The use of data reported directly from the firms themselves ensures greater analytical consistency. This is especially true when the assets on the companies’ balance sheets are used as a proxy for the firms’ stock of capital. The CBBE data is also useful for analysing economic aggregates for different groups of companies and sectors. This allows us to focus on segments that tend to get lost in macroeconomic studies. In analysing the firms’ data, this paper distinguishes between the manufacturing sector and the whole sample. The manufacturers represent the group of companies most exposed to foreign competition and act as a good benchmark for analysing the competitiveness of Spain’s firms, and by extension, the Spanish economy. The sample of manufacturing firms (industry, excluding energy) represents around 6% of Spanish GVA but around 30% of the manufacturers’ GVA.

Earnings performance
Economic theory holds that firms which maximises their value will take growth decisions (usually investment decisions) when the returns on their current investments exceed their opportunity costs. Under these circumstances, it is expected that growth will create value (Tobin, 1969). The opposite will occur (disinvestment or contraction) when their return on assets is lower than their opportunity cost. We analyse in this section companies’ returns and in the following section their growth.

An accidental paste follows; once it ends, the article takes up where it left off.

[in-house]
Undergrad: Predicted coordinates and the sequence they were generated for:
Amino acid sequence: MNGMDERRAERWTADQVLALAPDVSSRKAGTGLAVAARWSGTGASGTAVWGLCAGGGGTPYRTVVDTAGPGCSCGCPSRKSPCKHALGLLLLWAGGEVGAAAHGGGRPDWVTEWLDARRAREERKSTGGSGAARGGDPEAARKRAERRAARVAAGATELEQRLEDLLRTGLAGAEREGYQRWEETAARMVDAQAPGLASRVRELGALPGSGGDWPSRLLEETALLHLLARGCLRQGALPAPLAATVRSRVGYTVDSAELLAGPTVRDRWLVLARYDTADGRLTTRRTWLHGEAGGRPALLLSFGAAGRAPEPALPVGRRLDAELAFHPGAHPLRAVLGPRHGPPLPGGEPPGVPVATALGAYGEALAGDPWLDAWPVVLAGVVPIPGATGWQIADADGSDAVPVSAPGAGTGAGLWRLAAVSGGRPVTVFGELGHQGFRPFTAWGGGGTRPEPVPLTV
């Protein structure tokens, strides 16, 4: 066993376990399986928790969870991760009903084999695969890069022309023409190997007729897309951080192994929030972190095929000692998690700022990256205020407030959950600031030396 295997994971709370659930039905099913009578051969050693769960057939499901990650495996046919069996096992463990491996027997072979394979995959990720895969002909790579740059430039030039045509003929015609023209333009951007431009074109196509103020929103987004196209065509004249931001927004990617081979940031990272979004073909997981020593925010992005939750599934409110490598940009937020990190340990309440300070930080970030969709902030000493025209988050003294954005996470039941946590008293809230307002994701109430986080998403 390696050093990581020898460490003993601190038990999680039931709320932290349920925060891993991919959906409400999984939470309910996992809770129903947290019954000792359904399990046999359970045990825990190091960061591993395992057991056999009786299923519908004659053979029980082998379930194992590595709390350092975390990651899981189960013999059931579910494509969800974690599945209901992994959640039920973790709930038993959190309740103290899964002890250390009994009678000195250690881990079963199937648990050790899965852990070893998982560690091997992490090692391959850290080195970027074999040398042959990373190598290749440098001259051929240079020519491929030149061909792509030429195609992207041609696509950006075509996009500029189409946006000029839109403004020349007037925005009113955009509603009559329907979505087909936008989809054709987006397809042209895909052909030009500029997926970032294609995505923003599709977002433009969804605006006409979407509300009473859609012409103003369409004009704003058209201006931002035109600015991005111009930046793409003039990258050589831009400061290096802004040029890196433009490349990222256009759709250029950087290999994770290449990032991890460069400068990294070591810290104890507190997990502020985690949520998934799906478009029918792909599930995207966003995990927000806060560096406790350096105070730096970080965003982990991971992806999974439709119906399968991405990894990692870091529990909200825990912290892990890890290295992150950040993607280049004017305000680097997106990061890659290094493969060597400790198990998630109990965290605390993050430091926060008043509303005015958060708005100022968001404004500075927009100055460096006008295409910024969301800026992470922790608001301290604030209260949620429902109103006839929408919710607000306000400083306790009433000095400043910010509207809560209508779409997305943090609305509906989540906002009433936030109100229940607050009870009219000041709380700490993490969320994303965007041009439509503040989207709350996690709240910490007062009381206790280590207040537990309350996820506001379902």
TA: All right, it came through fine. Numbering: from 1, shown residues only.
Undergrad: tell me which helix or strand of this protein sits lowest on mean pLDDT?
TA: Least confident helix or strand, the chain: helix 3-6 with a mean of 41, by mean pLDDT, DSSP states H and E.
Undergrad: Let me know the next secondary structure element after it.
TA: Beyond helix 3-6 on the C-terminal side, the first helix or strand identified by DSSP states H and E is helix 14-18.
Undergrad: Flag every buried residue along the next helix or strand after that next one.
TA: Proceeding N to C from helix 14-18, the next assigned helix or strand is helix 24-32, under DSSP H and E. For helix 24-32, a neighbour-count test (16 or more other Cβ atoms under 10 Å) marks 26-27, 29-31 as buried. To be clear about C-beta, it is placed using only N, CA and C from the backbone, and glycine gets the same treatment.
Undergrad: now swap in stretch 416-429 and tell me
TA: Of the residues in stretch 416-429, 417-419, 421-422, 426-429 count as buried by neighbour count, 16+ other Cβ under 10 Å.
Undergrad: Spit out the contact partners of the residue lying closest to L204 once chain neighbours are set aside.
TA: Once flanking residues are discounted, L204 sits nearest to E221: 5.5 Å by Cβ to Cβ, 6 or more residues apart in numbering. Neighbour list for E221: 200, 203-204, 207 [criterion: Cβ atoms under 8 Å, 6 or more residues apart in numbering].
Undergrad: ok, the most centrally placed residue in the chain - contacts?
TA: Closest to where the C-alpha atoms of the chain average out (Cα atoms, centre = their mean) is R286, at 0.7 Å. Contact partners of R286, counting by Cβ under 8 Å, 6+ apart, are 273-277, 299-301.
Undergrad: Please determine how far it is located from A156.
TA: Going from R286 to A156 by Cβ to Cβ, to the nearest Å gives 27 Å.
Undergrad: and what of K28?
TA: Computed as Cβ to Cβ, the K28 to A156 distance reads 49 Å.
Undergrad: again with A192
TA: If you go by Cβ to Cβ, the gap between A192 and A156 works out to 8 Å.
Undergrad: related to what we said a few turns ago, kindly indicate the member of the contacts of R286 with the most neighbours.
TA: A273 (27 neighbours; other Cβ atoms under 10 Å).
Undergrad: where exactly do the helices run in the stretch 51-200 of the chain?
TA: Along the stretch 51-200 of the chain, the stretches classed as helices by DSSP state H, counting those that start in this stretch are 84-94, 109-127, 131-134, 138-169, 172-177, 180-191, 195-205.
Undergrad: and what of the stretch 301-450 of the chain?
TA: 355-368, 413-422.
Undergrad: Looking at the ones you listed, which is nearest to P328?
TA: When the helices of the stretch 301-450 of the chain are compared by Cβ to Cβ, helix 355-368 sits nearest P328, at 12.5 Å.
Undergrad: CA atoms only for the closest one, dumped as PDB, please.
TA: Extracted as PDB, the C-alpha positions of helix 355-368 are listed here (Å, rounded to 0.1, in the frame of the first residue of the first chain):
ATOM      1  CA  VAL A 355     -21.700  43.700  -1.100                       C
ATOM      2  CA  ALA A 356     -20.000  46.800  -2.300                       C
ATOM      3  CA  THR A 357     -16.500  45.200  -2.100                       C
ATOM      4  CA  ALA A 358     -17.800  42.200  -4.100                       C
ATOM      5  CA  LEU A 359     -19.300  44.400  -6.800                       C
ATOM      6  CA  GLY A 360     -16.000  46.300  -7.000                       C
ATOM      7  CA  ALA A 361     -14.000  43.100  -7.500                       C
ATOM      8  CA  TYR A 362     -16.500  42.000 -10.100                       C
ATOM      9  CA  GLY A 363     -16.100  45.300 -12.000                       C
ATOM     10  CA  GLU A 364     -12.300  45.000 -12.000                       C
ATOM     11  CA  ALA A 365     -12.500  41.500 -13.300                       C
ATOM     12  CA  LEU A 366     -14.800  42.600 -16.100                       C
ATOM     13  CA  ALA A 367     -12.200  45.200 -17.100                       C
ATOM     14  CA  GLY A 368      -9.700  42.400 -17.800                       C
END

Accounting profit excludes important implicit costs such as the loss of the purchasing power of monetary assets, debt due to inflation, and the opportunity cost of equity. The incorporation of those costs into the accounting figures would generate many errors as it would have to be done manually and individually for each company; however, it is feasible to do it at the level of the major aggregates for which the economy’s deflators and the average risk premium are more representative.
Exhibit 1 presents the rates of return on operating assets obtained exclusively from firms’ non-financial income and expenses, proportionately discounting assets reported as financial in nature. At over 15% of equity between 1999 and 2007, the rates of return measured using accounting criteria were consistently high. Expressed in economic terms they were also positive at over 2.5% of equity. Returns fell sharply in 2008 but remained positive in economic terms at around 1%. From 2009 to 2014, this aggregate indicator dipped into negative territory and did not top the 1% mark again until 2016. While the average return measured using accounting criteria in 2016 is lower than that of 2008, in economic terms it is somewhat higher, namely 1.4% in 2016 versus 1.15% in 2008.